If kidney cancer is diagnosed before it spreads, then doctors have a much better chance of curing it. In fact, 80 percent of kidney cancer patients who get their cancer diagnosed early survive. Unfortunately, most patients don’t find out about their affliction until too late. At Washington University, St. Louis, a group of researchers is working on a more proactive approach to detecting the disease.
“The most common way that we find kidney cancer is as an incidental, fortuitous finding when someone has a CT or MRI scan,” says Evan D. Kharasch, MD, PhD (pictured left, courtesy WUSTL). Unfortunately, these scans are too expensive to use as routine checks for kidney cancer. So Kharasch and his team researched alternative methods to detect the cancer and found a new solution in the form of protein biomarkers.
In the earliest stages of kidney cancer, the body begins producing an abnormally large amount of certain proteins. The WUSTL team identified two of these proteins in particular that, when simultaneously tested for, indicated the presence of kidney cancer with 95 percent accuracy. As if this wasn’t statistically impressive enough, the test also returned no false positives.
Perhaps the most important advantage of the test is that it is easy to perform. The researchers can test for protein biomarkers on a sample of urine for a small fraction of the cost of a CT or MRI scan. The WUSTL team hopes that their research will be used to catch kidney cancer early in much more patients.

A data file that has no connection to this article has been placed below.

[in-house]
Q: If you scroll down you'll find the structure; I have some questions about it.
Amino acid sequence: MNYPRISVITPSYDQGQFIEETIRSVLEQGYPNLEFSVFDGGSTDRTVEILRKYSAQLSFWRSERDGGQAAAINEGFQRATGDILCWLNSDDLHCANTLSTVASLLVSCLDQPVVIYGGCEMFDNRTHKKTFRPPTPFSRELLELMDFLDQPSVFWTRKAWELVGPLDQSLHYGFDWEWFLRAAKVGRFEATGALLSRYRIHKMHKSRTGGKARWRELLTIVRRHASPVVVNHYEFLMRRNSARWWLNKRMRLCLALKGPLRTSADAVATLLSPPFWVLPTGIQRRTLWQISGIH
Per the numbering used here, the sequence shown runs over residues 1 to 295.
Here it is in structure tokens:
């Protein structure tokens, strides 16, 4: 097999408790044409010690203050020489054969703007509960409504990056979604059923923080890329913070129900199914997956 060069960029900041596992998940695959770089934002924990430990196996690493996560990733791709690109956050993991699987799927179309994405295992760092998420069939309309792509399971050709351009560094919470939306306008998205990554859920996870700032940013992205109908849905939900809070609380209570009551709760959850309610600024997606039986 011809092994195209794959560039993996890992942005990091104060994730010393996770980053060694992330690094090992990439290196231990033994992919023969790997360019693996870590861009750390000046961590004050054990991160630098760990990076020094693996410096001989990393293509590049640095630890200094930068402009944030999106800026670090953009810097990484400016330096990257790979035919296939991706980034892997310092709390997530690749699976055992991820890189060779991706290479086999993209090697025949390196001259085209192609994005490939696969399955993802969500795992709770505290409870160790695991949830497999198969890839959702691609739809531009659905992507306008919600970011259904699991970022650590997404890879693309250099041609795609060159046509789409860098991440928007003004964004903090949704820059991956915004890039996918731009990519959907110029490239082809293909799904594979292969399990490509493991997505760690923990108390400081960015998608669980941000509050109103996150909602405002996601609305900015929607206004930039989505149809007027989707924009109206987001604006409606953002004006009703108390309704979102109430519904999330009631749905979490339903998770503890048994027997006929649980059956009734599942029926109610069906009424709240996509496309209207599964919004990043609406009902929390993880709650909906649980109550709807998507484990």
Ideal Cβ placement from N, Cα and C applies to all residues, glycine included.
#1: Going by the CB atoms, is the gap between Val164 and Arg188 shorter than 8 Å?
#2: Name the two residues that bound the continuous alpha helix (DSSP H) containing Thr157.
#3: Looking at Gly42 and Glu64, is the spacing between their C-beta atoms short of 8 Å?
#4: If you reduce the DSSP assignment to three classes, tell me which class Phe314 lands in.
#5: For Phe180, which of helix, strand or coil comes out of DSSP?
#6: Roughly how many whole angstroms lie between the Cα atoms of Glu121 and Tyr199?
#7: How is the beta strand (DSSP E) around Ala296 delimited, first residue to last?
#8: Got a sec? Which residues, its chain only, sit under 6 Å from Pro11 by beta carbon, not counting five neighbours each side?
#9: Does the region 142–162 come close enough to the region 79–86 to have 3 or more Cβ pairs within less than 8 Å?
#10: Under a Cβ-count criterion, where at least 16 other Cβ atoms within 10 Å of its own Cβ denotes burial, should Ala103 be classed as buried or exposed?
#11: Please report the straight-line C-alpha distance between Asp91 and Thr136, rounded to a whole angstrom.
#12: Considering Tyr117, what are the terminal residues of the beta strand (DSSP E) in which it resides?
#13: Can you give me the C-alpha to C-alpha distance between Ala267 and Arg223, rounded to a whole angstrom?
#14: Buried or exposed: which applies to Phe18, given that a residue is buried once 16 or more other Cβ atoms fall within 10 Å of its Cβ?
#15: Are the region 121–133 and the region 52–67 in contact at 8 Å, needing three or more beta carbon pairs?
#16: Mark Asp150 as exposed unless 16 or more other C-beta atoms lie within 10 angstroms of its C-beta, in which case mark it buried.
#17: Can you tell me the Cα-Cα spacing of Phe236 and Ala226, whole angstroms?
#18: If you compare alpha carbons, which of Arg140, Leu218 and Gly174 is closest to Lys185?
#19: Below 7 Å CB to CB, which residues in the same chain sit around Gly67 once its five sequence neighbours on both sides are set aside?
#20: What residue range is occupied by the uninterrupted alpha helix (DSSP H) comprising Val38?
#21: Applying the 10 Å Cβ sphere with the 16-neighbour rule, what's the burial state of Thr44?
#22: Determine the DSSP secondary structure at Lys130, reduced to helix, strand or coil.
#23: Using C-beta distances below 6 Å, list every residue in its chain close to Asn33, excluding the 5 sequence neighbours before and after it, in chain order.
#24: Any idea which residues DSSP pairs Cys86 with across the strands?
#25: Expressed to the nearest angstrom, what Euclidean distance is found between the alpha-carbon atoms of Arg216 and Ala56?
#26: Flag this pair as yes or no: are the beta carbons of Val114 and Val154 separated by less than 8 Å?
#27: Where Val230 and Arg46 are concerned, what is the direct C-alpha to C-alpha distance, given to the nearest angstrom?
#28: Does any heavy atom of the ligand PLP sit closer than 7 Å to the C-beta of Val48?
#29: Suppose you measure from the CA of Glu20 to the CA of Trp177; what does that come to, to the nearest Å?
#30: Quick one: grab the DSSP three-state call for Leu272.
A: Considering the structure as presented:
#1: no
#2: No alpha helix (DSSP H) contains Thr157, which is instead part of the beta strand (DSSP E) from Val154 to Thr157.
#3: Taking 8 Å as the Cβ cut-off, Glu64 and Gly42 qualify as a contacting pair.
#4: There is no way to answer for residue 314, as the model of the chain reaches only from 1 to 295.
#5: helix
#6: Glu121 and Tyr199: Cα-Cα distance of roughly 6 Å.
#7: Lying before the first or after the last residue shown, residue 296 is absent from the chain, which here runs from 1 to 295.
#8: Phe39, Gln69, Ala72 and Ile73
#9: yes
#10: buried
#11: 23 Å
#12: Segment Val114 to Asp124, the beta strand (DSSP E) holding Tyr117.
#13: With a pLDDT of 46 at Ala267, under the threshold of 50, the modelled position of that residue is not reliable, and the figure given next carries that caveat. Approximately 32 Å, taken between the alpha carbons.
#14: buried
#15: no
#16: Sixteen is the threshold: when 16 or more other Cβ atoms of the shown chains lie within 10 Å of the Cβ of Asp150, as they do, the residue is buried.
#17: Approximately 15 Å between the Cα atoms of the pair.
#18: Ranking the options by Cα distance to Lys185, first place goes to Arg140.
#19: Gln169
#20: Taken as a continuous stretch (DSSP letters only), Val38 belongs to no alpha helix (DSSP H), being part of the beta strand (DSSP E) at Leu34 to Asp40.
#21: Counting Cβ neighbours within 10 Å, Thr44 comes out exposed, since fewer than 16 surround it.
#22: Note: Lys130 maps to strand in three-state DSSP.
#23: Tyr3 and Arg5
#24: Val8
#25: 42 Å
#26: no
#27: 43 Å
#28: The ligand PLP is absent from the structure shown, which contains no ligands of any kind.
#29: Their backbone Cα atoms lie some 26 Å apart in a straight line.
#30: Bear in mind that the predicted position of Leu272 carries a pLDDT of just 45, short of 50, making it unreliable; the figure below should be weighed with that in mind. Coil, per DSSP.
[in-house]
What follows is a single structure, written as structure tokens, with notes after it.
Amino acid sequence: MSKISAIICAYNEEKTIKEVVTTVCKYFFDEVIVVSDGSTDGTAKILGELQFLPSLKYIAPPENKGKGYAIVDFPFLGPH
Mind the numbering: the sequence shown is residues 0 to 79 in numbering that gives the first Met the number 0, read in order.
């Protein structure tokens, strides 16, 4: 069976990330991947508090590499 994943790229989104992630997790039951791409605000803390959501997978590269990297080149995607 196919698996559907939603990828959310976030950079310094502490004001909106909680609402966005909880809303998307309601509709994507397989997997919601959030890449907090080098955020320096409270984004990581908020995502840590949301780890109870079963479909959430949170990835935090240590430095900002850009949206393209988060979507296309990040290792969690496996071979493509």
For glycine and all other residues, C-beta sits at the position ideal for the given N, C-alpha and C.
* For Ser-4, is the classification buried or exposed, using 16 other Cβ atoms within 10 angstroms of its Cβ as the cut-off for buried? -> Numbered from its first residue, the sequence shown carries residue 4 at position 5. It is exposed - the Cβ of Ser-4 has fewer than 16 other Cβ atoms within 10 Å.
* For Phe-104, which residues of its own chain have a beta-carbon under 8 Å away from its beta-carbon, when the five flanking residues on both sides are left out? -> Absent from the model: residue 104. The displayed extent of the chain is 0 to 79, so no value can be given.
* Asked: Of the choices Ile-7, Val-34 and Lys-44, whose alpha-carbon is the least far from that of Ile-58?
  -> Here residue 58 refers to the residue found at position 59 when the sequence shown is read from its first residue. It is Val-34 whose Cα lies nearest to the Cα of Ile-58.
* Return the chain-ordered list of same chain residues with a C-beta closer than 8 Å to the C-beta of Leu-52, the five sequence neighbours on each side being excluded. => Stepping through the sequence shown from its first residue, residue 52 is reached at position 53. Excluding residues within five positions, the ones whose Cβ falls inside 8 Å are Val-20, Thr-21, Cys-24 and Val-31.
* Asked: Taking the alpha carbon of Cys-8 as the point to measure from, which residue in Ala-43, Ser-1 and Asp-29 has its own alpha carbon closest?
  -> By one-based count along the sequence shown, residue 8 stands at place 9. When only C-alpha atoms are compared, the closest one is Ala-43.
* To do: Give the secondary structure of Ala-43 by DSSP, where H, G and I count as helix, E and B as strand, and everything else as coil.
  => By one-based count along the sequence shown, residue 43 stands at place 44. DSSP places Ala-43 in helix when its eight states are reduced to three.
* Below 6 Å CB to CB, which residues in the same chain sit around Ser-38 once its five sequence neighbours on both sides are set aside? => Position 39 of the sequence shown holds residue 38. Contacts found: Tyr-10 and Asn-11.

“By and large, patients don’t know they have kidney cancer until they get symptoms, such as blood in the urine, a lump or pain in the side or the abdomen, swelling in the ankles or extreme fatigue,” says professor of anesthesiology Jeremiah J. Morrissey (pictured above (right), courtesy WUSTL). “So we’re hoping to use the findings to quickly get a test developed that will identify patients at a time when their cancer can be more easily treated.”
This study was funded by the Barnes-Jewish Hospital Cancer Frontier Fund and The Department of Anesthesiology at Washington University School of Medicine in St. Louis, with additional support from the Bear Cub Fund of Washington University, Barnes-Jewish Hospital Foundation and Washington University Institute of Clinical and Translational Science, with additional funding from the National Cancer Institute of the National Institutes of Health. For additional information about funding for research at Washington University in St. Louis, read our free WUSTL Funding Statistics Report, available via the link below:
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